[W]here counsel submits a petition and no-merit letter that do satisfy the technical demands of Turner/Finley, the court - trial court or this Court -must then conduct its own review of the merits of the case. If the court agrees with counsel that the claims are without merit, the court will permit counsel to withdraw and deny relief. By contrast, if the claims appear to have merit, the court will deny counsel's request and grant relief, or at least instruct counsel to file an advocate's brief.

Id. (citation omitted).

Instantly, we determine that PCRA counsel has complied with the requirements of Turner/Finley. Specifically, PCRA counsel's Turner/Finley brief details the nature and extent of PCRA counsel's review, addresses the claims Appellant raised in his amended PCRA petition and determines that the issues lack merit. PCRA counsel provides a discussion of Appellant's claims, explaining why the issues are without merit. Additionally, counsel served Appellant with a copy of the petition to withdraw and Turner/Finley brief, advising Appellant that, if PCRA counsel was permitted to withdraw, Appellant had the right to proceed pro se or with privately retained counsel. As noted, Appellant has not filed any response. We proceed, therefore, to conduct an independent merits review of Appellant's claims.

We acknowledge the following principles, guiding our consideration of an appeal from the denial of PCRA relief.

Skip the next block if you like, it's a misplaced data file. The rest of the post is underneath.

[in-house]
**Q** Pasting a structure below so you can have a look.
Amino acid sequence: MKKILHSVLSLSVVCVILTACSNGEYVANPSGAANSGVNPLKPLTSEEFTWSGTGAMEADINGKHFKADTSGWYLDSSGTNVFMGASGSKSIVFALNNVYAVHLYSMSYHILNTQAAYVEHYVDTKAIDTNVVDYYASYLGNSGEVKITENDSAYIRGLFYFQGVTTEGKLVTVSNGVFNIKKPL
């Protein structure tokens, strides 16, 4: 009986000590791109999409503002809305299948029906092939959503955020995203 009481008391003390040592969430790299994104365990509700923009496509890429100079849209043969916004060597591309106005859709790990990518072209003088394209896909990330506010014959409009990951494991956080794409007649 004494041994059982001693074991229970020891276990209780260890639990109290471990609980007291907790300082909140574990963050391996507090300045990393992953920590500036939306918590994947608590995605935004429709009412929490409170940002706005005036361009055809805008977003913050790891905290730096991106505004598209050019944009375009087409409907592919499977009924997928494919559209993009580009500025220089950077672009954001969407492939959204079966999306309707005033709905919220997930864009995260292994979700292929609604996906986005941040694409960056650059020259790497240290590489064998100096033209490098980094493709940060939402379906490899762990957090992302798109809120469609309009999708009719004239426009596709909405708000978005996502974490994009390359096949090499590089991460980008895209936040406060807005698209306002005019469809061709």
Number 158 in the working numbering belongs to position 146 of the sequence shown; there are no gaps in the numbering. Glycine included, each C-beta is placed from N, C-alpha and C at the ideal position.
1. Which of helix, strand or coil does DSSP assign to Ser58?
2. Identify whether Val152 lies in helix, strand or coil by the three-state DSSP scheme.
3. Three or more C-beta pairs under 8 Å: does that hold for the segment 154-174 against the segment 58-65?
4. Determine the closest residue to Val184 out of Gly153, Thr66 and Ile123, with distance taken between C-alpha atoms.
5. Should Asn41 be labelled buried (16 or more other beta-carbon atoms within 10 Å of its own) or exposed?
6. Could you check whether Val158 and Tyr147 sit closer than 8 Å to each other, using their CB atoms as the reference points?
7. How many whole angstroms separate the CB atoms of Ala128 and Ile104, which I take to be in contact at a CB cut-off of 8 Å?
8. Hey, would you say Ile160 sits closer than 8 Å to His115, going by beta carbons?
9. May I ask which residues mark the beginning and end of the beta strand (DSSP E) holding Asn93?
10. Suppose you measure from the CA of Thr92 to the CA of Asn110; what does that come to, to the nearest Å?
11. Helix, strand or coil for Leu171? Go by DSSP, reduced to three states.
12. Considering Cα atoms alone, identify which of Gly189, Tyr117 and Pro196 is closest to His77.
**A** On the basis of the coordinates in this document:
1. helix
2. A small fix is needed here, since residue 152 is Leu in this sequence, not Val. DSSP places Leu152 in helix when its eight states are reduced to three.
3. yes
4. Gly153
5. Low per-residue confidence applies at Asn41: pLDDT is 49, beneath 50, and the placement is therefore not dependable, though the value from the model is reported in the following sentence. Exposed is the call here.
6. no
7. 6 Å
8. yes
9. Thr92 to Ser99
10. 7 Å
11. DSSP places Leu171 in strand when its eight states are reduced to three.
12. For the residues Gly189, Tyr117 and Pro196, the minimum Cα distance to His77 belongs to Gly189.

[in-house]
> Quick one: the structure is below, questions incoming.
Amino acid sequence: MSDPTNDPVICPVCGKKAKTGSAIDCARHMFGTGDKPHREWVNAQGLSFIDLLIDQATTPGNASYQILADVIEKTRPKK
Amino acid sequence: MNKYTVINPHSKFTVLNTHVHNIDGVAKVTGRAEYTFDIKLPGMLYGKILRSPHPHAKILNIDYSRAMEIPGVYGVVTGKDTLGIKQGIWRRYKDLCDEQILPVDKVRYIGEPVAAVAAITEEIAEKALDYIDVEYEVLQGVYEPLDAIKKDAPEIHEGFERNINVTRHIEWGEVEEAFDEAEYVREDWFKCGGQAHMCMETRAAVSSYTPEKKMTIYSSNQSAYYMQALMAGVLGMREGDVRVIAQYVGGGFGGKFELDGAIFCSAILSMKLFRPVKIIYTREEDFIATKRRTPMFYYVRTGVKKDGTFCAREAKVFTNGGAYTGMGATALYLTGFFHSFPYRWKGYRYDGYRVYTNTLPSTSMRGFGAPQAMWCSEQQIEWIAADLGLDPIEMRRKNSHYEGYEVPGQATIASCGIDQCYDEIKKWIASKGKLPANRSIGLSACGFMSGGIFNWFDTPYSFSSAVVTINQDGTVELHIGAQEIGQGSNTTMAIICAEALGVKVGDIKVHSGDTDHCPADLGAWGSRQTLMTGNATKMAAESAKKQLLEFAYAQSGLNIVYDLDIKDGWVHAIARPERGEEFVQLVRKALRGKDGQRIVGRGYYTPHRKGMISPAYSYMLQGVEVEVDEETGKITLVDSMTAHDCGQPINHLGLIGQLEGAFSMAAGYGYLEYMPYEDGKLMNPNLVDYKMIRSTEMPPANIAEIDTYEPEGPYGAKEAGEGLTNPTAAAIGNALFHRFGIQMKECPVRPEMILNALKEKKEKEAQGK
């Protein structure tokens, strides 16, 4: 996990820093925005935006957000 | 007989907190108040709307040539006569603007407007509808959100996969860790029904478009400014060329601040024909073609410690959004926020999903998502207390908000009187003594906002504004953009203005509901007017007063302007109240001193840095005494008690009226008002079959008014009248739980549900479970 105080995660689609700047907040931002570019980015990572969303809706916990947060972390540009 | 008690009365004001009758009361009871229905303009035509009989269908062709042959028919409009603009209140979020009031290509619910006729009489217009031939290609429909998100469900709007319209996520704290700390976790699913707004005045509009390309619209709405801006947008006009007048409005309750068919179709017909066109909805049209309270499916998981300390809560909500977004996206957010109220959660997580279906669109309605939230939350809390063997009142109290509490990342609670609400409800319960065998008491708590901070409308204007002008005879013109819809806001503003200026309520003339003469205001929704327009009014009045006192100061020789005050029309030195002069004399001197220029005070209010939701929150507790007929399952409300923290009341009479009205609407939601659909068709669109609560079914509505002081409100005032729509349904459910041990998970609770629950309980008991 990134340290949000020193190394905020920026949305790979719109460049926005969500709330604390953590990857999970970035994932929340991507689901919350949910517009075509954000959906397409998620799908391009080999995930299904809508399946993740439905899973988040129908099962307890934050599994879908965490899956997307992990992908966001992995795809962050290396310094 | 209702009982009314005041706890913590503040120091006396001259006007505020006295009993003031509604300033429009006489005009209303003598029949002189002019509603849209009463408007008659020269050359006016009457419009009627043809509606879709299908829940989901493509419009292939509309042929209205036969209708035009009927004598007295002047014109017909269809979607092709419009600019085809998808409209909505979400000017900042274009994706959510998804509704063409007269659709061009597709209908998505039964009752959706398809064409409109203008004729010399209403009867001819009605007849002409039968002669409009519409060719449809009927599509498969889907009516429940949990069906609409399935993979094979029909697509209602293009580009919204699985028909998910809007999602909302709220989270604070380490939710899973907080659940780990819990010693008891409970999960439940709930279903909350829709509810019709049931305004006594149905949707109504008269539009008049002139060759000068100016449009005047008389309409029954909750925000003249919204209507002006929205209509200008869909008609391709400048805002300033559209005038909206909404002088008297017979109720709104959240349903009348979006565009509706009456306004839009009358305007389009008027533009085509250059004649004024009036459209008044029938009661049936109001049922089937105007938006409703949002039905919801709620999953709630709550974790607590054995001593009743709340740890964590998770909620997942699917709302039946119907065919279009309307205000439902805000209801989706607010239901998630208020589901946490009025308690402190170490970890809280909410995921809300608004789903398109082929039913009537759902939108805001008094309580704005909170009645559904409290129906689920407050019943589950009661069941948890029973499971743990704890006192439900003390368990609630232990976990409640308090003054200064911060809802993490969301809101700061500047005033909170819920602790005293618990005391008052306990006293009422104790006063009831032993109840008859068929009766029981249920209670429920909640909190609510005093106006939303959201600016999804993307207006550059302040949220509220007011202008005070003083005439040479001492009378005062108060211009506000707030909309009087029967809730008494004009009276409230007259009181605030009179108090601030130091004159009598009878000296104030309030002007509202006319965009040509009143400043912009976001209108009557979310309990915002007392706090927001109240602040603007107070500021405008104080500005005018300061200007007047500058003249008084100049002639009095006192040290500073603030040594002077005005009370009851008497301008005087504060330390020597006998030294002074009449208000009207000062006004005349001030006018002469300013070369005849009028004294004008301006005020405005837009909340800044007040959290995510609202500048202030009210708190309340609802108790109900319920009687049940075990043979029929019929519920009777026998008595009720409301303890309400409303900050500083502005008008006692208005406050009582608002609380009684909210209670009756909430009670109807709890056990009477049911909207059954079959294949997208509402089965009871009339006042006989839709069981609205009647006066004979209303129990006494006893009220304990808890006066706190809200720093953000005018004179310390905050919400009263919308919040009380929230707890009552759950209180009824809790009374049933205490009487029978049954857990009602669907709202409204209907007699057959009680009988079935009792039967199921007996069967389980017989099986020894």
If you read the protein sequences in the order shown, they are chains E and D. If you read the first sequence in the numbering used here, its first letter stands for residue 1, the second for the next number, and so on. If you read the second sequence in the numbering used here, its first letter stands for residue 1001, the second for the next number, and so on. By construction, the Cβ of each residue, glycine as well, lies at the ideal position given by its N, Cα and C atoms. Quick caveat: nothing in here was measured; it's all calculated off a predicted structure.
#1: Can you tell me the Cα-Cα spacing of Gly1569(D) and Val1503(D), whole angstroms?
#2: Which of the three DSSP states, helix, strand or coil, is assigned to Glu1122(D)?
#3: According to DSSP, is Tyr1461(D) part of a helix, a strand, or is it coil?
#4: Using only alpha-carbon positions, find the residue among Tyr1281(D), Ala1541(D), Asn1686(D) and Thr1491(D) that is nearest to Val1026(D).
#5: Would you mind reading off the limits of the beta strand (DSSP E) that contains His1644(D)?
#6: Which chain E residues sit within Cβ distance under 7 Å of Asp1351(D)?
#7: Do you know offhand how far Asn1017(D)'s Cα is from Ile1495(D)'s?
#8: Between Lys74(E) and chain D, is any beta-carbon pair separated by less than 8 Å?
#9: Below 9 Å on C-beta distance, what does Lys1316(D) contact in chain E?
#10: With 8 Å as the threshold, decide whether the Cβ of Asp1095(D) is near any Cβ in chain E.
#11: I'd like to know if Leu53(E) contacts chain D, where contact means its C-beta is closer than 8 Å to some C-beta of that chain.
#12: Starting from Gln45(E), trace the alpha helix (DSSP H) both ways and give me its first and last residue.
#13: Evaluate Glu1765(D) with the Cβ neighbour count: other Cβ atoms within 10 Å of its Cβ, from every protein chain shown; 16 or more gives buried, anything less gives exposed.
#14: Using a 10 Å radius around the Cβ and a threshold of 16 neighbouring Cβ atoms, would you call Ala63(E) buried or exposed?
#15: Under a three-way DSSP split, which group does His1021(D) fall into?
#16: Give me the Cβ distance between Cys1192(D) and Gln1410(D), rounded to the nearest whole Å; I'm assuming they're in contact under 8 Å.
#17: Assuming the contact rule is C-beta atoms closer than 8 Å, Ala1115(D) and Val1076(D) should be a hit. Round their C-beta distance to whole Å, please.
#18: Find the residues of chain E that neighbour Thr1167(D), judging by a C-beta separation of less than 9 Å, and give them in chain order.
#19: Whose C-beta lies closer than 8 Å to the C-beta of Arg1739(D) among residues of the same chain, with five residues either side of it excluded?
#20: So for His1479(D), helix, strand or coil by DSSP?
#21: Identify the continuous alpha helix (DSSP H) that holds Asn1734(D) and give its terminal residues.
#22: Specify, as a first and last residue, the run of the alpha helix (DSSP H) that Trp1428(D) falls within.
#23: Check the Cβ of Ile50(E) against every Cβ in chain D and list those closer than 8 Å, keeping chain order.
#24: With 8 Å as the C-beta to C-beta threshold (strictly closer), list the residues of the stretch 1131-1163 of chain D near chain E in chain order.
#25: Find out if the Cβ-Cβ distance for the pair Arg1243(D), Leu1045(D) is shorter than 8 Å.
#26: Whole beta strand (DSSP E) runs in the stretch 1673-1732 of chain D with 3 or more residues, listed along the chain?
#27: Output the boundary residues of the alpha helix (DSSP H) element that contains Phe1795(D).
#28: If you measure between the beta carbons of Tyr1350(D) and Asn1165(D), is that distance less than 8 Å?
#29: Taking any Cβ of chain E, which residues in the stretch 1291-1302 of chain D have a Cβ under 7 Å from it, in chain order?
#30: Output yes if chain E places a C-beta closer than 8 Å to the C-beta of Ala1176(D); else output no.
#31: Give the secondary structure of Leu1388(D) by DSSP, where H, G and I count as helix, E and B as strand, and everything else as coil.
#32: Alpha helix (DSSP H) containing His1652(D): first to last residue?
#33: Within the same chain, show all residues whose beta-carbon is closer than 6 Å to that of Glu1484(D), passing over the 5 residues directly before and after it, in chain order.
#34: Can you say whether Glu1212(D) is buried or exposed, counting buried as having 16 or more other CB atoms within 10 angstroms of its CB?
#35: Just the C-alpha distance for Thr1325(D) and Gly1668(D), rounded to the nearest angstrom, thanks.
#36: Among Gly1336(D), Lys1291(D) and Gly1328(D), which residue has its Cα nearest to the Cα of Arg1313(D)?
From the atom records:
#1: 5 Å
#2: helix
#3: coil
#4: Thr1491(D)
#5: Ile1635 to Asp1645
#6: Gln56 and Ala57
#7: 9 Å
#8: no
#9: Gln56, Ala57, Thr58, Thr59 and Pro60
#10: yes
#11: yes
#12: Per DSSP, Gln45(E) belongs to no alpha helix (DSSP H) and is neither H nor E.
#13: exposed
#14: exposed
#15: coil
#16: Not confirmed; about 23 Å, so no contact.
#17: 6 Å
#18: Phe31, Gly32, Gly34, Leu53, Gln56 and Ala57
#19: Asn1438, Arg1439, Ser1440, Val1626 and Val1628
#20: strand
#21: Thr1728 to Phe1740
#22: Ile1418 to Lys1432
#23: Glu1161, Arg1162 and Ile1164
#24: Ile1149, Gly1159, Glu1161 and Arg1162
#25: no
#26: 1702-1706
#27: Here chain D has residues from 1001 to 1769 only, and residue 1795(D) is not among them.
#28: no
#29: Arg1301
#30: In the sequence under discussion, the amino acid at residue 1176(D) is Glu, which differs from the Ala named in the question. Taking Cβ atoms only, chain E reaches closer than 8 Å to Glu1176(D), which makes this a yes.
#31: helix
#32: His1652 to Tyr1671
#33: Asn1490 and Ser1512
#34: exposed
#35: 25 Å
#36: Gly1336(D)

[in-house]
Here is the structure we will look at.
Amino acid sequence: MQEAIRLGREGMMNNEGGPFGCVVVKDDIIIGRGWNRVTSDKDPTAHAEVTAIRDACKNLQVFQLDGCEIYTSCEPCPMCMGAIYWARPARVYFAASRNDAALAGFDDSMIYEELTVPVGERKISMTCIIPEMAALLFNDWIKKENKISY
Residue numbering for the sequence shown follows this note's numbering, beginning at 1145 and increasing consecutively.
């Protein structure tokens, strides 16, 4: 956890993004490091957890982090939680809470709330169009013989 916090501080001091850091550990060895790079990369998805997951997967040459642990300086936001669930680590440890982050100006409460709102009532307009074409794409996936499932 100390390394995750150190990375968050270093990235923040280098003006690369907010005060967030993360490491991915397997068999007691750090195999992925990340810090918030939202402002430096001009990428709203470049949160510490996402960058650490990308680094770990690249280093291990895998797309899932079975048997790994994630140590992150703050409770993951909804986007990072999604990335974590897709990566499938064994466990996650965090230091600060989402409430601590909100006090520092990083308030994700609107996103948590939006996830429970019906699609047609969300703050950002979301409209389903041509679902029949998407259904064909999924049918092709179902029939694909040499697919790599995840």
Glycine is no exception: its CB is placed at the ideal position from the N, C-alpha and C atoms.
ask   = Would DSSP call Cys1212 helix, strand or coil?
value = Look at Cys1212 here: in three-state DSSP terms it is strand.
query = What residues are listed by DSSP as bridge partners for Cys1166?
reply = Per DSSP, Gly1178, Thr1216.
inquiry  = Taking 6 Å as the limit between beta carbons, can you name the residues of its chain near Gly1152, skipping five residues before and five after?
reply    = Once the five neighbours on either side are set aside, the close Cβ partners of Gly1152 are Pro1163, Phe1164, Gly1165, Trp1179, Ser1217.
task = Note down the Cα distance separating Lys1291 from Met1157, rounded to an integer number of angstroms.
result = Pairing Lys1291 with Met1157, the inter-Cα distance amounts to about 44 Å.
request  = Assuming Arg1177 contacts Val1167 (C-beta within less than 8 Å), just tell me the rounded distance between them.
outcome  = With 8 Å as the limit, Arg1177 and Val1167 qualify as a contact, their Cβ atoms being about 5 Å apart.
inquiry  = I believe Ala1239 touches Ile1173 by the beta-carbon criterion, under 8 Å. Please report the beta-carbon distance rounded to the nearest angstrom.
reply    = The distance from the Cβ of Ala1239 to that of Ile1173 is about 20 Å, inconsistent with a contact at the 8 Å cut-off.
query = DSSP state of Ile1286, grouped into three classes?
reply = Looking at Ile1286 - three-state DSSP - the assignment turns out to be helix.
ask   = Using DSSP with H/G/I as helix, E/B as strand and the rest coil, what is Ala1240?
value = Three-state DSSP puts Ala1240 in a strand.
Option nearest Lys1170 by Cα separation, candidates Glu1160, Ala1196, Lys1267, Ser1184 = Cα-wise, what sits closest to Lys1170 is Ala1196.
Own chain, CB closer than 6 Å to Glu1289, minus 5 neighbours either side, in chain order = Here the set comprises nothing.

Our standard of review is limited to examining whether the PCRA court's findings of fact are supported by the record, and whether its conclusions of law are free from legal error. Our scope of review is limited to the findings of the PCRA court and the evidence of record, viewed in the light most favorable to the party who prevailed in the PCRA court proceeding.

Commonwealth v. Busanet, 54 A.3d 35, 45 (Pa. 2012) (citations omitted). "The PCRA court's findings will not be disturbed unless there is no support for the findings in the certified record." Commonwealth v. Garcia, 23 A.3d 1059, 1061 (Pa. Super. 2011) (internal quotation marks and citations omitted), appeal denied, 38 A.3d 823 (Pa. 2012). "The PCRA court's factual determinations are entitled to deference, but its legal determinations are subject to our plenary review." Commonwealth v. Johnson, 966 A.2d 523, 532 (Pa. 2009) (internal quotation marks and citations omitted). In order to be eligible for PCRA relief, a petitioner must plead and prove by a preponderance of the evidence that his conviction or sentence arose from one or more of the errors listed at 42 Pa.C.S.A. § 9543(a)(2). These issues must be neither previously litigated nor waived. 42 Pa.C.S.A. § 9543(a)(3).

In addition, when reviewing a claim of ineffective assistance of counsel we apply the following test, first articulated by our Supreme Court in Commonwealth v. Pierce, 527 A.2d 973 (Pa. 1987).

When considering such a claim, courts presume that counsel was effective, and place upon the appellant the burden of proving otherwise. Counsel cannot be found ineffective for failure to assert a baseless claim.
To succeed on a claim that counsel was ineffective, Appellant must demonstrate that: (1) the claim is of arguable merit; (2) counsel had no reasonable strategic basis for his or her action or inaction; and (3) counsel's ineffectiveness prejudiced him.
[T]o demonstrate prejudice, appellant must show there is a reasonable probability that, but for counsel's error, the outcome of the proceeding would have been different.

Commonwealth v. Michaud, 70 A.3d 862, 867 (Pa. Super. 2013) (internal quotation marks and citations omitted). "Failure to establish any prong of the test will defeat an ineffectiveness claim." Commonwealth v. Birdsong, 24 A.3d 319, 330 (Pa. 2011).